Tuesday, December 08, 2009
Well, it was a great day this past Saturday in Boca Raton, Fla., where a US Youth Soccer TOPSoccer coaching course was hosted by Florida Youth Soccer. The host club, Soccer Association of Boca Raton, did a wonderful job with the facilities and their hospitality was really first class. I always enjoy teaching this course and this one was no exception. The people involved were truly dedicated to the TOPSoccer mission and they gave up their time and money to continue their own education so that they can improve their efforts to the TOPSoccer players.
As you may know, the US Youth Soccer TOPSoccer coaching course is a four hour long coaching course introducing coaches to working with TOPSoccer players. US Youth Soccer and its State Associations are working diligently to grow the game of soccer in America. Within the disabled athlete community alone we can increase our playing numbers by 500,000. Part of that effort is to have more soccer clubs offer TOPSoccer to the disabled athletes in their community. Florida Youth Soccer is taking on this effort and has now conducted their first US Youth Soccer TOPSoccer coaching course under the direction of Dean Frost, Chair of the Florida Youth Soccer TOPSoccer Committee, and Virgil Stringfield, Associate Director of Coaching-Educational Services for Florida Youth Soccer.
Forty-six coaches, administrators and TOPSoccer Buddies attended the course. Candidates came from across all parts of Florida and one coach attended the course from as far away as Philadelphia, Penn. That coach was Mike Barr, the Technical Director for Eastern Pennsylvania Youth Soccer. This is another State Association poised to make new inroads by expanding TOPSoccer among their members. The classroom sessions were engaging with good discussion and sharing among the candidates and myself. We had to dodge the rain a bit when we got out to the field, but a great session on the field with TOPSoccer players and the course candidates took place.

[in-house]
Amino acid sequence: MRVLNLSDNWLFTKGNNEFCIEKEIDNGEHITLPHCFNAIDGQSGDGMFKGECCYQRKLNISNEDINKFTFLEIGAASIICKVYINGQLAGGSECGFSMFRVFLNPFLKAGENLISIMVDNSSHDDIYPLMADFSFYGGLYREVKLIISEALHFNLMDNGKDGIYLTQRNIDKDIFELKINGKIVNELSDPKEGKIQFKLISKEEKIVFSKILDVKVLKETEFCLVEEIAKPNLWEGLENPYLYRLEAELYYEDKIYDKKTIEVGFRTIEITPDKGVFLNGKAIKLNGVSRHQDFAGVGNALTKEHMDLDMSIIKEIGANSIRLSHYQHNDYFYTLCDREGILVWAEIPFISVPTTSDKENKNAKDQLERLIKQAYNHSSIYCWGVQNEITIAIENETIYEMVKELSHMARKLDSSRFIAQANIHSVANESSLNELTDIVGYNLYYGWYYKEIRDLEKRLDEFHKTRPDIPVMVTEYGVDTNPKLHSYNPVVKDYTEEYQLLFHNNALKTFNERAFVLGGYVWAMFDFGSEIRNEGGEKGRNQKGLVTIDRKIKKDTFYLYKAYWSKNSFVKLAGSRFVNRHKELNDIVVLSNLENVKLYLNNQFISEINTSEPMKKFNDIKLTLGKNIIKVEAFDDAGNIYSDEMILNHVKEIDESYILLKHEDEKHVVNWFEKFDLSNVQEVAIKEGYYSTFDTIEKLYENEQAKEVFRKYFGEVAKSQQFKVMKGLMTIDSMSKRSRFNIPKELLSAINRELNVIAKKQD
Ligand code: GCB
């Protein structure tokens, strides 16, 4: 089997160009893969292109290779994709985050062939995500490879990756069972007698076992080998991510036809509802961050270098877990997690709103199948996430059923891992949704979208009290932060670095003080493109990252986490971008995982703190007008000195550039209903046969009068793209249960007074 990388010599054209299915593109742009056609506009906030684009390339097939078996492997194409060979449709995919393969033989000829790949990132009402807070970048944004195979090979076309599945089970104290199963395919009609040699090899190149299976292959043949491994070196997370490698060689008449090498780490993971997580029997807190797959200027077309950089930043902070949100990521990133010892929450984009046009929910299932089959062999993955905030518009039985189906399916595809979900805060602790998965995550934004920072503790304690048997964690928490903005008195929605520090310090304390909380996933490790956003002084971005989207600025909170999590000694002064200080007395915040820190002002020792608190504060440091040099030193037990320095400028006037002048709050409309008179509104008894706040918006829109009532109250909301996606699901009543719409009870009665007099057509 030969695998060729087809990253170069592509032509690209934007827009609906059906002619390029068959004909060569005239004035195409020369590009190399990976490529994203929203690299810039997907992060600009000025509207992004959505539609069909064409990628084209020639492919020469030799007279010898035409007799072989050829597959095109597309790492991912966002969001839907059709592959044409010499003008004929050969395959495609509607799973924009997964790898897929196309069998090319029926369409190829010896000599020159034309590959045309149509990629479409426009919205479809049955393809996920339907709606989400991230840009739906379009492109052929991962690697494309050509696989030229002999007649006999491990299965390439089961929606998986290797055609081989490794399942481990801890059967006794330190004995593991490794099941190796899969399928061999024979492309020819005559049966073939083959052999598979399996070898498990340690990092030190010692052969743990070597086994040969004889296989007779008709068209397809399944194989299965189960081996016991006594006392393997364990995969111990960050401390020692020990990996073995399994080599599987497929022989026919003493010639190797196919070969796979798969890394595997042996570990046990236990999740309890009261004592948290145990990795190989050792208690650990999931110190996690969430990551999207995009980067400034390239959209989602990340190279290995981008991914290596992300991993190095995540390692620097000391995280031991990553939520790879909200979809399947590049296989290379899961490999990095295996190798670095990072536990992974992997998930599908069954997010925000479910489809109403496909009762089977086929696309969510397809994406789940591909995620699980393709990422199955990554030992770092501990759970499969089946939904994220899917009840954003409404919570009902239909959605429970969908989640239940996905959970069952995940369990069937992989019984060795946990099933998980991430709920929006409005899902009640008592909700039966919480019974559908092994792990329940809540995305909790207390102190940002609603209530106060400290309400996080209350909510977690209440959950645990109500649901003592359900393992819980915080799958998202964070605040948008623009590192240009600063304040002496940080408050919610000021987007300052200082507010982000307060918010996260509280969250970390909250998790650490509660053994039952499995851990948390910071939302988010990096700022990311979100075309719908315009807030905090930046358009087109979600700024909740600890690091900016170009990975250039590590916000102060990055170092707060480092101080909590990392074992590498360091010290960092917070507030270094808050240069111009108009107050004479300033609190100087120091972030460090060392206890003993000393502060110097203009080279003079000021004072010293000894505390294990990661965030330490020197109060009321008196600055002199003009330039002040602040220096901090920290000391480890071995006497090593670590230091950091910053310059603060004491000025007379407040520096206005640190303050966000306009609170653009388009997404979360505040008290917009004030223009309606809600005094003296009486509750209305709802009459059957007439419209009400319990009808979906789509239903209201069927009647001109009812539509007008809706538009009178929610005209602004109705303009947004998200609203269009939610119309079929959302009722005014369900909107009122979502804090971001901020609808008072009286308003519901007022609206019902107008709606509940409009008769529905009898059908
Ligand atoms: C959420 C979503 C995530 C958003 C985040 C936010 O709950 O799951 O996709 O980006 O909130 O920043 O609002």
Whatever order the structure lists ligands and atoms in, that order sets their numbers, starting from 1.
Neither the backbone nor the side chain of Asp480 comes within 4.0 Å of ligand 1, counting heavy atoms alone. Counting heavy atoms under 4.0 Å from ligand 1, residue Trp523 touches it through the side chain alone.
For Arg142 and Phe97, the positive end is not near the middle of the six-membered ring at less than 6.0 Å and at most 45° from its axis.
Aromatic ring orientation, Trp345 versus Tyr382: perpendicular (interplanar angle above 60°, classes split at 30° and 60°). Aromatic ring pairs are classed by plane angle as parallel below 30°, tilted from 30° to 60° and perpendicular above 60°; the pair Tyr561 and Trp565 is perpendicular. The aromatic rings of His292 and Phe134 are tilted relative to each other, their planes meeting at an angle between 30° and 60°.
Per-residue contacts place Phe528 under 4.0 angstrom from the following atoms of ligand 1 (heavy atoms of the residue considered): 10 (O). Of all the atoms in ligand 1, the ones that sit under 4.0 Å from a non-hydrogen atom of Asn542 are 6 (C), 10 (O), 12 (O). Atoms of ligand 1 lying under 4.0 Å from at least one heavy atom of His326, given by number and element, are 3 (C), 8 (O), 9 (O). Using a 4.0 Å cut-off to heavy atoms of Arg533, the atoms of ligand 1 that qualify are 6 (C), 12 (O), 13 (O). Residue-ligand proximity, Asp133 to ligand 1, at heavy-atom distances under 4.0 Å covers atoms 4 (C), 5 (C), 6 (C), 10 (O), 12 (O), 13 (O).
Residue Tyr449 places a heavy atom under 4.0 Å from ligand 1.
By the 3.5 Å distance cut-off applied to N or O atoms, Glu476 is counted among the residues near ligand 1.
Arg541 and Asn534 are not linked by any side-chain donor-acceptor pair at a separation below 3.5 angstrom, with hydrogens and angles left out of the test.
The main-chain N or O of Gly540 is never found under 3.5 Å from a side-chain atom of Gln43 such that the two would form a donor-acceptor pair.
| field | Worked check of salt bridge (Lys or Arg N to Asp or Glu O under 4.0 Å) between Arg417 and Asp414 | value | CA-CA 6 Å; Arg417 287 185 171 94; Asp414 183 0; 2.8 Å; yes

One of the key points that came from the field session, and our discussion back in the classroom closing session, was to train these players to the mainstream of youth soccer as much as one can. We should only modify the training sessions and the game of soccer itself when truly needed. The candidates felt that too often coaches and administrators start off with the game and training at too low of a level with the focus being on what the players cannot do rather than what they CAN do. The players will show you what they can do on the soccer field. We coaches just need to be a bit more patient and let the game within the child come to the surface.
If your club does not yet offer the TOPSoccer program to its community please talk to your State Association about getting this rewarding program up and running in your club. There are many resources for administrators and coaches to help you run a successful TOPSoccer program, you just need to step up and take advantage of these services. I hope to see you at a US Youth Soccer TOPSoccer coaching course in the near future.
For more information on US Youth Soccer's TOPSoccer Program, click here